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Chapter XI.—That the Symbols of the Trinity in Man, to Be, to Know, and to Will, are Never Thoroughly Examined.

12. Which of us understandeth the Almighty Trinity? 1204 And yet which speaketh not of It, if indeed it be It? Rare is that soul which, while it speaketh of It, knows what it speaketh of. And they contend and strive, but no one without peace seeth that vision. I could wish that men would consider these three things that are in themselves. These three are far other than the Trinity; but I speak of things in which they may exercise and prove themselves, and feel how far other they be. 1205 But the three things I speak of are, To Be, to Know, and to Will. For I Am, and I Know, and I Will; I Am Knowing and Willing; and I Know myself to Be and to Will; and I Will to Be and to Know. In these three, therefore, let him who can see how inseparable a life there is,—even one life, one mind, and one essence; finally, how inseparable is the distinction, and yet a distinction. Surely a man hath it before him; let him look into himself, and see, and tell me. But p. 194 when he discovers and can say anything of these, let him not then think that he has discovered that which is above these Unchangeable, which Is unchangeably, and Knows unchangeably, and Wills unchangeably. And whether on account of these three there is also, where they are, a Trinity; or whether these three be in Each, so that the three belong to Each; or whether both ways at once, wondrously, simply, and vet diversely, in Itself a limit unto Itself, yet illimitable; whereby It is, and is known unto Itself, and sufficeth to Itself, unchangeably the Self-same, by the abundant magnitude of its Unity,—who can readily conceive? Who in any wise express it? Who in any way rashly pronounce thereon?



As Augustin constantly urges of God, “Cujus nulla scientia est in anima, nisi scire quomodo eum nesciat” (De Ord. ii. 18), so we may say of the Trinity. The objectors to the doctrine sometimes speak as if it were irrational (Mansel’s Bampton Lectures, lect. vi., notes 9, 10). But while the doctrine is above reason, it is not contrary thereto; and, as Dr. Newman observes in his Grammar of Assent, v. 2 (a book which the student should remember has been written since his union with the Roman Church), though the doctrine be mysterious, and, when taken as a whole, transcends all our experience, there is that on which the spiritual life of the Christian can repose in its “propositions taken one by one, and that not in the case of intellectual and thoughtful minds only, but of all religious minds whatever, in the case of a child or a peasant as well as of a philosopher.” With the above compare the words of Leibnitz in his “Discours de la Conformité de la Foi avec la Raison,” sec. 56: “Il en est de même des autres mystères, où les esprits modérés trouveront toujours une explication suffisante pour croire, et jamais autant qu’il en faut pour comprendre. Il nous suffit d’un certain ce que c’est (τί ἐστι); mais le comment (πῶς) nous passe, et ne nous est point nécessaire” (Euvres de Locke et Leibnitz). See also p. 175, note 1, above, on the “incomprehensibility” of eternity.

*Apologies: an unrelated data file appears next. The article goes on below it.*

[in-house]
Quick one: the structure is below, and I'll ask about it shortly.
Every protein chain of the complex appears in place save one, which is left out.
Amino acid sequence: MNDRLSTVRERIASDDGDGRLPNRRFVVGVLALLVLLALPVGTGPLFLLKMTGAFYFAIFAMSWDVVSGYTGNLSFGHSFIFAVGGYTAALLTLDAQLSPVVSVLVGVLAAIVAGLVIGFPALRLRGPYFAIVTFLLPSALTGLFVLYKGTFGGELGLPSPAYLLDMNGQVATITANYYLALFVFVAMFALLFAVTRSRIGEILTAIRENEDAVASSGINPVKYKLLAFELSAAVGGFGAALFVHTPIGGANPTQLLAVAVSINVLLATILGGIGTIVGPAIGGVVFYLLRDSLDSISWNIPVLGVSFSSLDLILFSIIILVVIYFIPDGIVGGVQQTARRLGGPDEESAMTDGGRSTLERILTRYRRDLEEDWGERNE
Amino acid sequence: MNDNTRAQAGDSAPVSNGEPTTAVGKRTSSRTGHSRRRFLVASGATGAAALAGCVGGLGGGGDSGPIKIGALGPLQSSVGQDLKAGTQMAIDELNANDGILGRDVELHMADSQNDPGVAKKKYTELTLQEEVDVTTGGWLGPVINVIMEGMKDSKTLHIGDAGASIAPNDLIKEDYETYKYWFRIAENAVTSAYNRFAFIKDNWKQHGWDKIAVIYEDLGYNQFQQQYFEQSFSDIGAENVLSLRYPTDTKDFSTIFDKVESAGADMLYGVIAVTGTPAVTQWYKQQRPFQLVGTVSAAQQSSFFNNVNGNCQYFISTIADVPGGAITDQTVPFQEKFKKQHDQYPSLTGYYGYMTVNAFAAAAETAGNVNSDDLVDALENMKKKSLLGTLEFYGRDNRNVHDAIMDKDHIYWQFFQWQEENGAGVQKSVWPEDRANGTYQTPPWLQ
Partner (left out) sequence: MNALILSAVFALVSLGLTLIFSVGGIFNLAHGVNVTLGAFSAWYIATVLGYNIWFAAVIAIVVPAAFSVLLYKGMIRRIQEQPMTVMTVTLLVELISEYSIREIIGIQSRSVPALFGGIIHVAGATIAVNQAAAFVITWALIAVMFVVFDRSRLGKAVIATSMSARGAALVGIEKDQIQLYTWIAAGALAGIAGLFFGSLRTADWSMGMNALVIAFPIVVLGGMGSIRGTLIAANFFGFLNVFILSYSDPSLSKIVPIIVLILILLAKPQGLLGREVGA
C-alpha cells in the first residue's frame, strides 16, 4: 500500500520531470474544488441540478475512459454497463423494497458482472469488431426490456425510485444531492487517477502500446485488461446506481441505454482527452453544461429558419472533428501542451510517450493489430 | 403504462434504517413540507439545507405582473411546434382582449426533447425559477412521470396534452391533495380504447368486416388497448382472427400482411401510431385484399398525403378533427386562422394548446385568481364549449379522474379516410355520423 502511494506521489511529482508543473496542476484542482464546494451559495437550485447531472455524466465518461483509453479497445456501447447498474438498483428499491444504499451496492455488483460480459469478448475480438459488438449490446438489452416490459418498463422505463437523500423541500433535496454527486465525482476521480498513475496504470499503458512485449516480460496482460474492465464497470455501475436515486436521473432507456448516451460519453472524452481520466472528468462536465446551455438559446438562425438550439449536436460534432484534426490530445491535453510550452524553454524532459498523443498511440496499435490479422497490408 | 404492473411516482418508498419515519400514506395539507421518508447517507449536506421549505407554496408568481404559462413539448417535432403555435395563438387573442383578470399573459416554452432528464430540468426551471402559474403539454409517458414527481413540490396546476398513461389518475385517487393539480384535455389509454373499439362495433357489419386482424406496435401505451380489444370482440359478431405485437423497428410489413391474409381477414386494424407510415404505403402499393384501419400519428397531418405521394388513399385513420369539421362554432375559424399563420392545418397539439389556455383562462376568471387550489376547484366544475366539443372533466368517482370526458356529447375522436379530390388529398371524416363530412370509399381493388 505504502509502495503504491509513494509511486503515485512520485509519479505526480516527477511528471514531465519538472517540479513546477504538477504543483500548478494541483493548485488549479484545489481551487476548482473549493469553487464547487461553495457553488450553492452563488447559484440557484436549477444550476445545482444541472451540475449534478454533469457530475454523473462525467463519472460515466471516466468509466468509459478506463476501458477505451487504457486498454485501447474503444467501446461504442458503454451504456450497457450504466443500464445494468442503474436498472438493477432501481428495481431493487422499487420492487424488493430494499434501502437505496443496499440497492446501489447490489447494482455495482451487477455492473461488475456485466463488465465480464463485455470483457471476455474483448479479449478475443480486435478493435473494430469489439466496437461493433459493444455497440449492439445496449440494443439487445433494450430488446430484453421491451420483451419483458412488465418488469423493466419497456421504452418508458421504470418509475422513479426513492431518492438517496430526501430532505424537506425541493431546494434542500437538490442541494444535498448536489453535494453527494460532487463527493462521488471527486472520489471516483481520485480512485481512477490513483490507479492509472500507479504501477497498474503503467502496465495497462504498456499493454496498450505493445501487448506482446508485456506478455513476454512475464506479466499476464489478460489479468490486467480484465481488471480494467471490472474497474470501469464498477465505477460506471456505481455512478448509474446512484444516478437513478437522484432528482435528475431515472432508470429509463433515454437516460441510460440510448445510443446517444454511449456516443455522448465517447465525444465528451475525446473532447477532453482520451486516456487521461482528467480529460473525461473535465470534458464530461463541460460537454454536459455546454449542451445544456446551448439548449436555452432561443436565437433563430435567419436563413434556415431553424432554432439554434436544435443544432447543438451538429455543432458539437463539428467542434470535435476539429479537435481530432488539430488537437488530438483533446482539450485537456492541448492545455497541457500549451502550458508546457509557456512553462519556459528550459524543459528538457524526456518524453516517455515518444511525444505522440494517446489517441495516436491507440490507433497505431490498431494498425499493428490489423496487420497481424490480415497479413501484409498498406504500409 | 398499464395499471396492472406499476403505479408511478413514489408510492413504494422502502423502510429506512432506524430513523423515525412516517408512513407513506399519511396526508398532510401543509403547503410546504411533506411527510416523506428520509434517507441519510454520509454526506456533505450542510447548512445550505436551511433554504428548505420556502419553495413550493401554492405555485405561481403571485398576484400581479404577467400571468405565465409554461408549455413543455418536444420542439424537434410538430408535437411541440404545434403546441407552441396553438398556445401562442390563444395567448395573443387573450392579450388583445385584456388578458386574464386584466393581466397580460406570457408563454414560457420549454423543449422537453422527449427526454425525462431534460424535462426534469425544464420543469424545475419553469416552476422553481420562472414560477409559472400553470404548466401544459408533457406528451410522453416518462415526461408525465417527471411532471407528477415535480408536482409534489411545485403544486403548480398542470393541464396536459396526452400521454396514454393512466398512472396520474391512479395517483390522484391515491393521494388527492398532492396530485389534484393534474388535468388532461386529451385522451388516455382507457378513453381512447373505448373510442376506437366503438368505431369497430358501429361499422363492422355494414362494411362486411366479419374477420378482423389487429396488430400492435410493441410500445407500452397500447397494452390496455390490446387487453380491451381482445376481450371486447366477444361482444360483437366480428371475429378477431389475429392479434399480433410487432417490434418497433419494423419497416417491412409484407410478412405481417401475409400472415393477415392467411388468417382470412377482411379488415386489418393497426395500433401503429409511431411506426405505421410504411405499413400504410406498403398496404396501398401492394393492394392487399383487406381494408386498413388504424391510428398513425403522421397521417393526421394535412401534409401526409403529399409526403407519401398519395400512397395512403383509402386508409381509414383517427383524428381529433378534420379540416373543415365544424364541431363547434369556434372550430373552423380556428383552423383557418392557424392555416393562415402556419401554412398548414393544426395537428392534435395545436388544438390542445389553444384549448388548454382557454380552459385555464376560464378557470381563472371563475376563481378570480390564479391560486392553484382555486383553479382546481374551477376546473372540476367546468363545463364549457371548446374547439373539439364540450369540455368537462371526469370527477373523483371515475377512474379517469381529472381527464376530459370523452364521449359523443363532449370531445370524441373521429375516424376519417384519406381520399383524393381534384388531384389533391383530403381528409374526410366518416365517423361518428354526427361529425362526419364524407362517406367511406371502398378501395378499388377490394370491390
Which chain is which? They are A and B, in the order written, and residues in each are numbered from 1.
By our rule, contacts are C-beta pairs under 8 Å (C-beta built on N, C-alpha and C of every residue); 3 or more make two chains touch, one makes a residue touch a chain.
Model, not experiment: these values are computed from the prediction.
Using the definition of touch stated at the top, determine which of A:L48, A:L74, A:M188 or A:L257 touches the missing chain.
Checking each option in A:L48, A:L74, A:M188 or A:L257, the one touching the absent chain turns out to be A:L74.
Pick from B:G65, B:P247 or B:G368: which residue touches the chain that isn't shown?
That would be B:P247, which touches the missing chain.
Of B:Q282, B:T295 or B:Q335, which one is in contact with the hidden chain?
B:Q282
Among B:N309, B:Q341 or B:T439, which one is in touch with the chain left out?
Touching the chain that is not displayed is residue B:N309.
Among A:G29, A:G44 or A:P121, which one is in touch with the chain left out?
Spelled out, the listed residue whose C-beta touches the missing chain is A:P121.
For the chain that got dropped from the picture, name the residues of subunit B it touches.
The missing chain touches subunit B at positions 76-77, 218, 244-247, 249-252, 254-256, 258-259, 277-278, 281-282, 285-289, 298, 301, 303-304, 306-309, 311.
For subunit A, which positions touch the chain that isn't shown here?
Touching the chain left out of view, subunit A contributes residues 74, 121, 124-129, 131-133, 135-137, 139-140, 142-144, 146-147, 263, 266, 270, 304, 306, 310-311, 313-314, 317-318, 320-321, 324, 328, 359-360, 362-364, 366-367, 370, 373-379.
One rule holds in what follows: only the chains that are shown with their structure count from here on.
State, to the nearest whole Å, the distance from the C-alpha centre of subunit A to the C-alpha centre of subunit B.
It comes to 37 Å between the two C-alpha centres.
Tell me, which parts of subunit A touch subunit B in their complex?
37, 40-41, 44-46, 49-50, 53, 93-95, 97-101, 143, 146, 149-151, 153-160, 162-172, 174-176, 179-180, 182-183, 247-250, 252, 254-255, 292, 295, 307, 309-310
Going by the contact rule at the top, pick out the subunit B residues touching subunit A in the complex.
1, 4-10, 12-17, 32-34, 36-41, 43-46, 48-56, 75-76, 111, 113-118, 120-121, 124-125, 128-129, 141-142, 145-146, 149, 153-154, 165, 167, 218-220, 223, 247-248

While giving illustrations of the Trinity like the above, he would not have a man think “that he has discovered that which is above these, Unchangeable.” (See also De Trin. xv. 5, end.) He is very fond of such illustrations. In his De Civ. Dei, xi. 26, 27, for example, we have a parallel to this in our text, in the union of existence, knowledge, and love in man; in his De Trin. ix. 4, 17, 18, we have mind, knowledge, and love; ibid. x. 19, memory, understanding, and will; and ibid. xi. 16, memory, thought, and will. In his De Lib. Arb. ii. 7, again, we have the doctrine illustrated by the union of being, life, and knowledge in man. He also finds illustrations of the doctrine in other created things, as in their measure, weight, and number (De Trin. xi. 18), and their existence, figure, and order (De Vera Relig. xiii.). The nature of these illustrations would at first sight seem to involve him in the Sabellian heresy, which denied the fulness of the Godhead to each of the three Persons of the Trinity; but this is only in appearance. He does not use these illustrations as presenting anything analogous to the union of the three Persons in the Godhead, but as dimly illustrative of it. He declares his belief in the Athanasian doctrine, which, as Dr. Newman observes (Grammar of Assent, v. 2), “may be said to be summed up in this very formula on which St. Augustin lays so much stress,—‘Tres et Unus,’ not merely ‘Unum.’ ” Nothing can be clearer than his words in his De Civ. Dei, xi. 24: “When we inquire regarding each singly, it is said that each is God and Almighty; and when we speak of all together, it is said that there are not three Gods, nor three Almighties, but one God Almighty.” Compare with this his De Trin. vii., end of ch. 11, where the language is equally emphatic. See also Mansel, as above, lect. vi. and notes 11 and 12.

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